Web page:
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Method for a differential modal dispersion emulator

IP.com Disclosure Number: IPCOM000032569D
Publication Date: 2004-Nov-08
Document File: 3 page(s) / 77K

Publishing Venue

The IP.com Prior Art Database

Abstract

Disclosed is a method for a differential modal dispersion (DMD) emulator. Benefits include improved functionality and improved performance.

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Method for a differential modal dispersion emulator

Disclosed is a method for a differential modal dispersion (DMD) emulator. Benefits include improved functionality and improved performance.

Background

              Conventionally, measurements of transmission performance over multimode glass optical fiber (MMF) channels are taken using specified lengths of a fiber sample. As many variations of these fibers are available and installed in legacy applications, the results of individual experiments produce widely varying results. A common reference for comparisons of component performance is difficult to compile.

              DMD results from the fact that individual optical modes within a multimode fiber propagate at different velocities. After propagating over a distance of MMF, the different arrival times of each mode begin to cause eye closure, which results in transmission errors.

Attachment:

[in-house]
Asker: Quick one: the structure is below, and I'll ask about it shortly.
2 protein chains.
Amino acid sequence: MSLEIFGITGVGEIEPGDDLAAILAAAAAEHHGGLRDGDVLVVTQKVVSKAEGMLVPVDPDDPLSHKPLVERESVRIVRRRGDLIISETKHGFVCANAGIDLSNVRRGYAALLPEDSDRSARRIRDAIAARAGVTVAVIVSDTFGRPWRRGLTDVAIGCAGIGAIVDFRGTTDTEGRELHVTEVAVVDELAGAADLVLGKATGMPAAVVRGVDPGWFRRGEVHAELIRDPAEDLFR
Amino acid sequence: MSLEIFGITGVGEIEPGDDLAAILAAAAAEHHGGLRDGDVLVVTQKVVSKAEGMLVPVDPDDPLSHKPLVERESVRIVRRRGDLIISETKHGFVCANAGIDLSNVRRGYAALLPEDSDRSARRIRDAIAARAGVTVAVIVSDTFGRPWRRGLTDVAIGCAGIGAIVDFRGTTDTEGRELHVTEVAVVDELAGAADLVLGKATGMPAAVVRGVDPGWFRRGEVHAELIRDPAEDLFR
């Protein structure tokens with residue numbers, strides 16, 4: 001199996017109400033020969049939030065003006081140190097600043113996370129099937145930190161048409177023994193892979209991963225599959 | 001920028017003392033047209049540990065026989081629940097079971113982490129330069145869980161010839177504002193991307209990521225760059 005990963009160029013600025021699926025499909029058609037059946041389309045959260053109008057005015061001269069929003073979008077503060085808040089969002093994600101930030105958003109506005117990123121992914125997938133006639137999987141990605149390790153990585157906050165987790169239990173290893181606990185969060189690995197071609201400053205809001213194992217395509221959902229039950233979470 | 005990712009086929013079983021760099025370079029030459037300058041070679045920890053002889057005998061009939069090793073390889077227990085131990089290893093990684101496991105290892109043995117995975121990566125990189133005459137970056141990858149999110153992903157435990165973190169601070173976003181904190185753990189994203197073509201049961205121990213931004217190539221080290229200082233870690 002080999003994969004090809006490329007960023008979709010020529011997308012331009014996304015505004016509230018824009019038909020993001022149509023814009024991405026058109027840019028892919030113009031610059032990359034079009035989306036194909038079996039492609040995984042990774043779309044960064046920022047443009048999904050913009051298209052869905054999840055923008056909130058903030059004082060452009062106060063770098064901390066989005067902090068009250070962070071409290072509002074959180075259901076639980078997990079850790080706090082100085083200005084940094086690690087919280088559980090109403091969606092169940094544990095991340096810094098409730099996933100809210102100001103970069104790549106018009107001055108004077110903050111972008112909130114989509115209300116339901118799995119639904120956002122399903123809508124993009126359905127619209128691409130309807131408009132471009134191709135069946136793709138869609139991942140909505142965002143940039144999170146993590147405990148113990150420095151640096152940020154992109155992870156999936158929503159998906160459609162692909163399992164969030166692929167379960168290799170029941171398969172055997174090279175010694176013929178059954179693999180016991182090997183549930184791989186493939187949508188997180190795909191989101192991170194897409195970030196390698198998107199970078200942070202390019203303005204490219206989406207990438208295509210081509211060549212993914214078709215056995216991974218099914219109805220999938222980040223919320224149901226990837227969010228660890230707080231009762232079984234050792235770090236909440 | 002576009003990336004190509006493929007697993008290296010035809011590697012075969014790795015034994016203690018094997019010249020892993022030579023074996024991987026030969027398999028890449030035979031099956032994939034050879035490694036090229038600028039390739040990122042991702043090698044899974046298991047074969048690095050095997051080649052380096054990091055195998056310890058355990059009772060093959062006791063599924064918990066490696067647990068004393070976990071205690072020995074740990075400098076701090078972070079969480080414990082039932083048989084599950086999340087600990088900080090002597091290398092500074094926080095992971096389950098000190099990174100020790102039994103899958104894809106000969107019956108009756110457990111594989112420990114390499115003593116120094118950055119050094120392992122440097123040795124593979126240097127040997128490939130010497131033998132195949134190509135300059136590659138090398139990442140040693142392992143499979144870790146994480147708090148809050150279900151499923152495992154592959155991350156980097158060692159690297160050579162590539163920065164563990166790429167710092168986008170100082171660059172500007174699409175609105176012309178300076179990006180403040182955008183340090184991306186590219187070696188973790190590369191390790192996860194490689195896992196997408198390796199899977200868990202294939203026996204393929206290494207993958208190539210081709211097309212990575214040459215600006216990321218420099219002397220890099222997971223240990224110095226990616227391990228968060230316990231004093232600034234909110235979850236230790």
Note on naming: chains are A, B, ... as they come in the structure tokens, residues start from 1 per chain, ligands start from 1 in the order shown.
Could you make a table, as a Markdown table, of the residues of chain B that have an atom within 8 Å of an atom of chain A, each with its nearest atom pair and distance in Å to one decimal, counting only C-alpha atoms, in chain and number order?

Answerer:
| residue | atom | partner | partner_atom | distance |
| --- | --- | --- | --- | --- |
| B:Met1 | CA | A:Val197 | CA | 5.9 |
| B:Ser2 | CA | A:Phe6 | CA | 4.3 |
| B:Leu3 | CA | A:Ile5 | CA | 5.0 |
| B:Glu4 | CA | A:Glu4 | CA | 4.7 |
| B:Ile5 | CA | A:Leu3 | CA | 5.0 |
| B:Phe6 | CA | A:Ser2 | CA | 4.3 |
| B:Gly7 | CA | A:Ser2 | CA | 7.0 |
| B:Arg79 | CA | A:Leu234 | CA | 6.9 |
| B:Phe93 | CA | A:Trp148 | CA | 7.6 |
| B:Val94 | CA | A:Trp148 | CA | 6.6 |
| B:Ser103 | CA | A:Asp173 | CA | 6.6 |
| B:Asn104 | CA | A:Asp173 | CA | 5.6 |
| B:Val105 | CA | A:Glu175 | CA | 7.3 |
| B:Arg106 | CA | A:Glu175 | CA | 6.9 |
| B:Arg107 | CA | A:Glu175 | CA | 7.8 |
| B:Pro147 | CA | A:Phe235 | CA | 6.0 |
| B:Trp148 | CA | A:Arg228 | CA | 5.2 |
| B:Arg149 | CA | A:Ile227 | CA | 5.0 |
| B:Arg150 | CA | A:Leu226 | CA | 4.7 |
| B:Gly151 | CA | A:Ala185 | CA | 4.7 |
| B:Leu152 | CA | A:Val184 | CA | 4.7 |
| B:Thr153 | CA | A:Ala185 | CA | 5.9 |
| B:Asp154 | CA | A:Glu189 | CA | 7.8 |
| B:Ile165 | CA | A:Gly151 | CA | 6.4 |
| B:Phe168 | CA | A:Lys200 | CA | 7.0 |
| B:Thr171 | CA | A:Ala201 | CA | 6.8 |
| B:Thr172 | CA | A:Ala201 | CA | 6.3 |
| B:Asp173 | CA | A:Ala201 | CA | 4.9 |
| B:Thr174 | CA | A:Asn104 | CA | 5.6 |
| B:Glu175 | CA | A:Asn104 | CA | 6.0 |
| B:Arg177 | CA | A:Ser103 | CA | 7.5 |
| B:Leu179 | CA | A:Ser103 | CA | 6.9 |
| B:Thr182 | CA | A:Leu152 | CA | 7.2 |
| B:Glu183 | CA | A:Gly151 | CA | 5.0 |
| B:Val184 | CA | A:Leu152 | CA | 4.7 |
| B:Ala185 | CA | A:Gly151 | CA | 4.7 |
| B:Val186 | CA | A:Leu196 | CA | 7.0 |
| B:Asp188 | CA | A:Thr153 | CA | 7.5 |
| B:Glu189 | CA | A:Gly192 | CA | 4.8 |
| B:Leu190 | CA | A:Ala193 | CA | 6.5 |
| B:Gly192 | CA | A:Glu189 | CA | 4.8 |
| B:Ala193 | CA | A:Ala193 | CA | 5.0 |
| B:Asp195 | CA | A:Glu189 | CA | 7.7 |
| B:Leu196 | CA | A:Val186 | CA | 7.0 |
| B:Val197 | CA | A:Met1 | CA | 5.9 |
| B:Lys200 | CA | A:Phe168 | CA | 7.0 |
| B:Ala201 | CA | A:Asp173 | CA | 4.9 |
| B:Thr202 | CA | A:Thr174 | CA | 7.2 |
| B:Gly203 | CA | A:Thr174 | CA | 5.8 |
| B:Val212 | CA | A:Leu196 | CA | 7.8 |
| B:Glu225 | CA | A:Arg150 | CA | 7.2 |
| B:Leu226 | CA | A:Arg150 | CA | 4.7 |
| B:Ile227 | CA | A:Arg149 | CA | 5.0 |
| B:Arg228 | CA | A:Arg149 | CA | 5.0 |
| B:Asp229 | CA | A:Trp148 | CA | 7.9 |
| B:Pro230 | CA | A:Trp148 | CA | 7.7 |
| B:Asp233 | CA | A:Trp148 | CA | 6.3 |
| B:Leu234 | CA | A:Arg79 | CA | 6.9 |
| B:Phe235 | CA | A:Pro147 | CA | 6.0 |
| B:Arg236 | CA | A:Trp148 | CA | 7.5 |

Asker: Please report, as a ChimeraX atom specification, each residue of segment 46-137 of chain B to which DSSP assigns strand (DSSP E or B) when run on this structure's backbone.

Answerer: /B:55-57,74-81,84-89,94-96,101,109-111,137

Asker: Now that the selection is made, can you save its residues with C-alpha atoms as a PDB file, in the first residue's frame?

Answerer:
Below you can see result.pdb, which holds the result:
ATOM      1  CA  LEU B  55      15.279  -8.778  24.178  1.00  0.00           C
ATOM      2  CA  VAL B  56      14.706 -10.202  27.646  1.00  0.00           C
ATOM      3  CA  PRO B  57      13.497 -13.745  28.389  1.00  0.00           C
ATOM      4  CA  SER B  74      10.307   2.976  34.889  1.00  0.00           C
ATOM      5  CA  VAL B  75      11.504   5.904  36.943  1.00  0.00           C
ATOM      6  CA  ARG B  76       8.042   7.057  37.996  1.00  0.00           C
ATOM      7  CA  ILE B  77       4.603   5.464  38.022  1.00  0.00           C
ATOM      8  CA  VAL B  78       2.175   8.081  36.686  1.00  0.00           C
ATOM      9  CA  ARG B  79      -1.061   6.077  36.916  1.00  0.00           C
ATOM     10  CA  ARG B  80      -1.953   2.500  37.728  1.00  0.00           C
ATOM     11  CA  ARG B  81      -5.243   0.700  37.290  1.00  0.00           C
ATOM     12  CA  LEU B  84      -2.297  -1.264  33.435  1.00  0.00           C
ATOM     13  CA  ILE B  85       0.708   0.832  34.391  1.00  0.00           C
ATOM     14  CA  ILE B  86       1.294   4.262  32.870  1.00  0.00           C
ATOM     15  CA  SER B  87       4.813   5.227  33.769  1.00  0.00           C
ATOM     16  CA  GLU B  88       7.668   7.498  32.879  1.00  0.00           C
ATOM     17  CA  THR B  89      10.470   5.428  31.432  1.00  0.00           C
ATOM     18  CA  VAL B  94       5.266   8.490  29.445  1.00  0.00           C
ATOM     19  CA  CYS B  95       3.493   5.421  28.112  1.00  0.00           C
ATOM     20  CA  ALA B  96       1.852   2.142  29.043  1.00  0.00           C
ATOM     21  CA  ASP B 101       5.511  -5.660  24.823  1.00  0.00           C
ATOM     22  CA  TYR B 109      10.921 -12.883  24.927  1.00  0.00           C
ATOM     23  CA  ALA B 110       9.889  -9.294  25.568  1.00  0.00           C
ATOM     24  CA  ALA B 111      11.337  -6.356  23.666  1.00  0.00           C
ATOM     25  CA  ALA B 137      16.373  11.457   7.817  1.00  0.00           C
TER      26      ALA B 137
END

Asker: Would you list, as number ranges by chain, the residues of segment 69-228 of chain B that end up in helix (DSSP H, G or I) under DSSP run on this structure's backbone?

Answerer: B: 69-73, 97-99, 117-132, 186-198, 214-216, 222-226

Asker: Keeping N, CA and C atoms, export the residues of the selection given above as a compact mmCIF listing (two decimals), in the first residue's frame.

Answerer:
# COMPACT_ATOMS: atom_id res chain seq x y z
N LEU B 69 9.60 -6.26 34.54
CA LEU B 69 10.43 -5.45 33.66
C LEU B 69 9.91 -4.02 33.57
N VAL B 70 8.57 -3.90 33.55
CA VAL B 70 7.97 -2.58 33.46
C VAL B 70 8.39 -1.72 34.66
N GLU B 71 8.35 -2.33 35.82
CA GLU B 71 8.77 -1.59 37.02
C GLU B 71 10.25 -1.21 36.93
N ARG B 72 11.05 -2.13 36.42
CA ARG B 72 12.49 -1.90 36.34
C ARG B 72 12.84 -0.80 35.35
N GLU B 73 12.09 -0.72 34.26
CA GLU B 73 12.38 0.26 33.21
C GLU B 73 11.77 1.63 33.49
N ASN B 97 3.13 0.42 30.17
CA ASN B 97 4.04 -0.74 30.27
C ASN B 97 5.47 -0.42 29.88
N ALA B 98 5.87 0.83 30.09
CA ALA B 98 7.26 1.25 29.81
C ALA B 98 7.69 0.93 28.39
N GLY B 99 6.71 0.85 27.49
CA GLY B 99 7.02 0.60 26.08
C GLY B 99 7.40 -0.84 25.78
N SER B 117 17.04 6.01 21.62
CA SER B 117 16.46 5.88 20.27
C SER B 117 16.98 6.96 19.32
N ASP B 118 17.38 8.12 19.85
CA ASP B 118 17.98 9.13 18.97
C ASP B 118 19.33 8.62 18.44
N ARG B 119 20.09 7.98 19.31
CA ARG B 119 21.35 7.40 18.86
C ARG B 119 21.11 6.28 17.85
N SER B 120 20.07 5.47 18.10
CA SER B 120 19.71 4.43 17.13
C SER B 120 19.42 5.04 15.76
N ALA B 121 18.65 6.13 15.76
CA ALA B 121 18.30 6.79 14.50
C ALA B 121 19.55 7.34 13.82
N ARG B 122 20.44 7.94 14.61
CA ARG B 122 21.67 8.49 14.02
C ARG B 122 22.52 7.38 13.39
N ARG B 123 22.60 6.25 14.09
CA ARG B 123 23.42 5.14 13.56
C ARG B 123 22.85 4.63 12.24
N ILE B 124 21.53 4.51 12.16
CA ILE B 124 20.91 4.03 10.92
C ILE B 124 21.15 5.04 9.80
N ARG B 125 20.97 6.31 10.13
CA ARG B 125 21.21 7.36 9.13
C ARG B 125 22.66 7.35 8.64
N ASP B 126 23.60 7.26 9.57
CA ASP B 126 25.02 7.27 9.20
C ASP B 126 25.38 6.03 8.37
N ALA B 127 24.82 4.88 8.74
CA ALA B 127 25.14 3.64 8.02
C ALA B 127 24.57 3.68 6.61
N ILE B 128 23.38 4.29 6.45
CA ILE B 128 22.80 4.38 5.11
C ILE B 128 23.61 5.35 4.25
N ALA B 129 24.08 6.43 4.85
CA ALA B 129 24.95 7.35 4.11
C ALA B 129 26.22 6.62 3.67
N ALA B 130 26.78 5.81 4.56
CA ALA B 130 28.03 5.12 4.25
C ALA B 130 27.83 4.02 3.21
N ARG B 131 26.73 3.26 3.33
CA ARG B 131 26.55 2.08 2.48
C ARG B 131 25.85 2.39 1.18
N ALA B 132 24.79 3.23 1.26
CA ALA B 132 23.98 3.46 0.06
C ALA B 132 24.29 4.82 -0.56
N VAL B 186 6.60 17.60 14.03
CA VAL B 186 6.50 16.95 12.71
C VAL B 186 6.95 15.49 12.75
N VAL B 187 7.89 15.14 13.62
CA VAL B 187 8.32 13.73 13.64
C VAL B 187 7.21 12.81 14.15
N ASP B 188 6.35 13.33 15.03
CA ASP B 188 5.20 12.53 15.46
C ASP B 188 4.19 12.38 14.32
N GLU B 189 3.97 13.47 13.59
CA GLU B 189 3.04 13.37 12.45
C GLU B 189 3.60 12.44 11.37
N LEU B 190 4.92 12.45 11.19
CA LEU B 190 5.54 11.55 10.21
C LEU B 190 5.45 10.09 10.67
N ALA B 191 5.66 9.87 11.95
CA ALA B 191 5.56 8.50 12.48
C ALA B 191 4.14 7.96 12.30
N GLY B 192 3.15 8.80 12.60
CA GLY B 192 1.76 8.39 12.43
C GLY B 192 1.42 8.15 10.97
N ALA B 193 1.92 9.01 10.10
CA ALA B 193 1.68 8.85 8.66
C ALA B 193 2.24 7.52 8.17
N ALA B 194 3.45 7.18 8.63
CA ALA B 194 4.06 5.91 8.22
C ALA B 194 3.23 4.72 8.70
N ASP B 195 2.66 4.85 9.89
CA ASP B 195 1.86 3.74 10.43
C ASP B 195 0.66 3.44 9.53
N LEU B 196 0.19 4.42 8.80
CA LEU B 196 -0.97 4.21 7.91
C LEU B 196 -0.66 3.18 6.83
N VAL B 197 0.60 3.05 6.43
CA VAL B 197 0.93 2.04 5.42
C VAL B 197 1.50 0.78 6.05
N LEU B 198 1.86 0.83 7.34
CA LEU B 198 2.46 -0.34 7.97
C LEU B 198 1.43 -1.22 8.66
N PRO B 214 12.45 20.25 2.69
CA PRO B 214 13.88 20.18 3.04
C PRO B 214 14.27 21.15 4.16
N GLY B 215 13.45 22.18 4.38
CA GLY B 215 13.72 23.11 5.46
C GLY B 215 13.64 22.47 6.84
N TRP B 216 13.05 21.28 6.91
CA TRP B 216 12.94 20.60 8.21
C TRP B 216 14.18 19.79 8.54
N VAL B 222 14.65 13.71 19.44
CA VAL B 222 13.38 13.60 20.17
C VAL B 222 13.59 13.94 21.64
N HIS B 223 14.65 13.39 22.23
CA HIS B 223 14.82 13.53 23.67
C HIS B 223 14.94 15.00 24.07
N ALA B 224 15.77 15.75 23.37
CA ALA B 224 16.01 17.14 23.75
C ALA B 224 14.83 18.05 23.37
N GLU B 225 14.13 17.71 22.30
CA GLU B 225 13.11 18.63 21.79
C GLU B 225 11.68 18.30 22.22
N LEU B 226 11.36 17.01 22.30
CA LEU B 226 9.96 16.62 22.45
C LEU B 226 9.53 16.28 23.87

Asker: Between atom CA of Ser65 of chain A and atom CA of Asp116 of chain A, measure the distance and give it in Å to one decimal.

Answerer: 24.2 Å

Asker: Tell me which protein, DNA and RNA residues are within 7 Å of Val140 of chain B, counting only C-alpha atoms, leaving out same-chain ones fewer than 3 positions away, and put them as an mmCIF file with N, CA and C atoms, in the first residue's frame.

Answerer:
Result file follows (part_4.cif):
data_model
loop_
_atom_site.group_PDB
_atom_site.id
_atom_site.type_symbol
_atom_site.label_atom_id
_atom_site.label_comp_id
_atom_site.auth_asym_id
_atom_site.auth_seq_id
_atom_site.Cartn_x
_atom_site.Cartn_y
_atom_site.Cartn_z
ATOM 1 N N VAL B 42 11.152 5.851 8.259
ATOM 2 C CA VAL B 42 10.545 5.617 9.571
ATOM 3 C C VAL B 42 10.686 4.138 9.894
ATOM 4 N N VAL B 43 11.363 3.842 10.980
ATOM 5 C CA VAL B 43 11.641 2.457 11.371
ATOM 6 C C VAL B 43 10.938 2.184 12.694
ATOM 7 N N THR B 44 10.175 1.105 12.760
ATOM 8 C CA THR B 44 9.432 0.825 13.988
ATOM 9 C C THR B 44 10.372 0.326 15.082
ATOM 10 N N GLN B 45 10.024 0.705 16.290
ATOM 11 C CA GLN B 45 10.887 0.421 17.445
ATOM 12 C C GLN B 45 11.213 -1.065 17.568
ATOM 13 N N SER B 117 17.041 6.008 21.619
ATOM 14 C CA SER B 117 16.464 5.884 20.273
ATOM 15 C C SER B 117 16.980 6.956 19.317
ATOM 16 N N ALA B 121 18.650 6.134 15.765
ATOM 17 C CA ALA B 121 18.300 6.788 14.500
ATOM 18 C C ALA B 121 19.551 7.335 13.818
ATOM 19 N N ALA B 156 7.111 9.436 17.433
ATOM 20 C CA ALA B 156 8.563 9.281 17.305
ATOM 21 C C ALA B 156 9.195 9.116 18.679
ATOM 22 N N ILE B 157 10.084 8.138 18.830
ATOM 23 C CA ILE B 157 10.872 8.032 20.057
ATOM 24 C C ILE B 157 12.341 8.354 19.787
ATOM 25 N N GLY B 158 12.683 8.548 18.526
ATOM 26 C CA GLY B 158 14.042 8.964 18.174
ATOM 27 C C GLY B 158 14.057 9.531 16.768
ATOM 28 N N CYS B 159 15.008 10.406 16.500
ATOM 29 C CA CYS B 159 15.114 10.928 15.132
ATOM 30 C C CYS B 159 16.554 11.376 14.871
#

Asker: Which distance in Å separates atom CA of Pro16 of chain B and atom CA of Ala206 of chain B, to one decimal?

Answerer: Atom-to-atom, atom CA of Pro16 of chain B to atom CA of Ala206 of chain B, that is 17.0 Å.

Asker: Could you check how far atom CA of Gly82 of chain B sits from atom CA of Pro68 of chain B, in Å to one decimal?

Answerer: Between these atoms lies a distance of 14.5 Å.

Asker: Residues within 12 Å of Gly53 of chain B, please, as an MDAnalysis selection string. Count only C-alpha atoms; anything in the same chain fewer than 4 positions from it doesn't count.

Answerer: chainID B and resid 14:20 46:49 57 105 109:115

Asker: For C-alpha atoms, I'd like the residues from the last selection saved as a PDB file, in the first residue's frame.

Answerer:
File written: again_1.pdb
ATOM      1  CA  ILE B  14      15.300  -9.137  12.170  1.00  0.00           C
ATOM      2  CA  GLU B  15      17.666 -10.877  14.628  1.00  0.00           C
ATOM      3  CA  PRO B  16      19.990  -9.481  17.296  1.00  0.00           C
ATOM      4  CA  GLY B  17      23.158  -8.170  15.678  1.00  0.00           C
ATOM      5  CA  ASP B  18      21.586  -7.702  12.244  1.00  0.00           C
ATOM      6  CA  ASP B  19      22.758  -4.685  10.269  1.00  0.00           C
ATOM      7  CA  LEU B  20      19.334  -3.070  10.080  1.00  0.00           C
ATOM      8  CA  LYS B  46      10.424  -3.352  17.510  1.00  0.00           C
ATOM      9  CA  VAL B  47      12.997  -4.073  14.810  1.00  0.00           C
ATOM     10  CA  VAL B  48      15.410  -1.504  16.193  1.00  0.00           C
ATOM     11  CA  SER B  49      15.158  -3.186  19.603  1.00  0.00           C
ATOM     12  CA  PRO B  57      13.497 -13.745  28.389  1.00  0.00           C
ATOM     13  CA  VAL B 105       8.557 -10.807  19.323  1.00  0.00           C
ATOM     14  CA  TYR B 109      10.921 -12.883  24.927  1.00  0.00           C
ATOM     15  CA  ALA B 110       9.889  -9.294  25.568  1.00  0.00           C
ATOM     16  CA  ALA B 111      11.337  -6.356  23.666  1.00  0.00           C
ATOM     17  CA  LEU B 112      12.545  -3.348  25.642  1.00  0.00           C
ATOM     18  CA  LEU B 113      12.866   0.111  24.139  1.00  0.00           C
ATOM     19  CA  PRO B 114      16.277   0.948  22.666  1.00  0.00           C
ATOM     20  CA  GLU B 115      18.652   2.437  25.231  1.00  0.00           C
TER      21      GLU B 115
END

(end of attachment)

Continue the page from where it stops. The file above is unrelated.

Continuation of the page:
Description

              The disclosed method is a channel emulator for DMD in MMF. The method includes a device used as test equipment to emulate a multimode fiber communications channel where DMD is one of the signal degradations that limits the performance of the channel.

              The channel emulator is based on single-mode fiber (SMF) based components to provide stability that is not inherent to multimode systems. An optical waveform is launched into an SMF, where it is split into a number of fibers, designated as N (for example, N=16). Each fiber has a unique true-time delay and attenuation. The delayed and weighted waveforms are recombined into a single fiber. The delays and attenuation factors on each individual channel can be varied to emulate waveforms that result from a channel with various levels of DMD. The delays and attenuation values can be continually or discreetly varied. In the illustrated implementation, the delays are fixed and the attenuation values are varied discreetly (see Figure 1).

              An optical gain element compensates for various losses throughout the system, although this is not required for...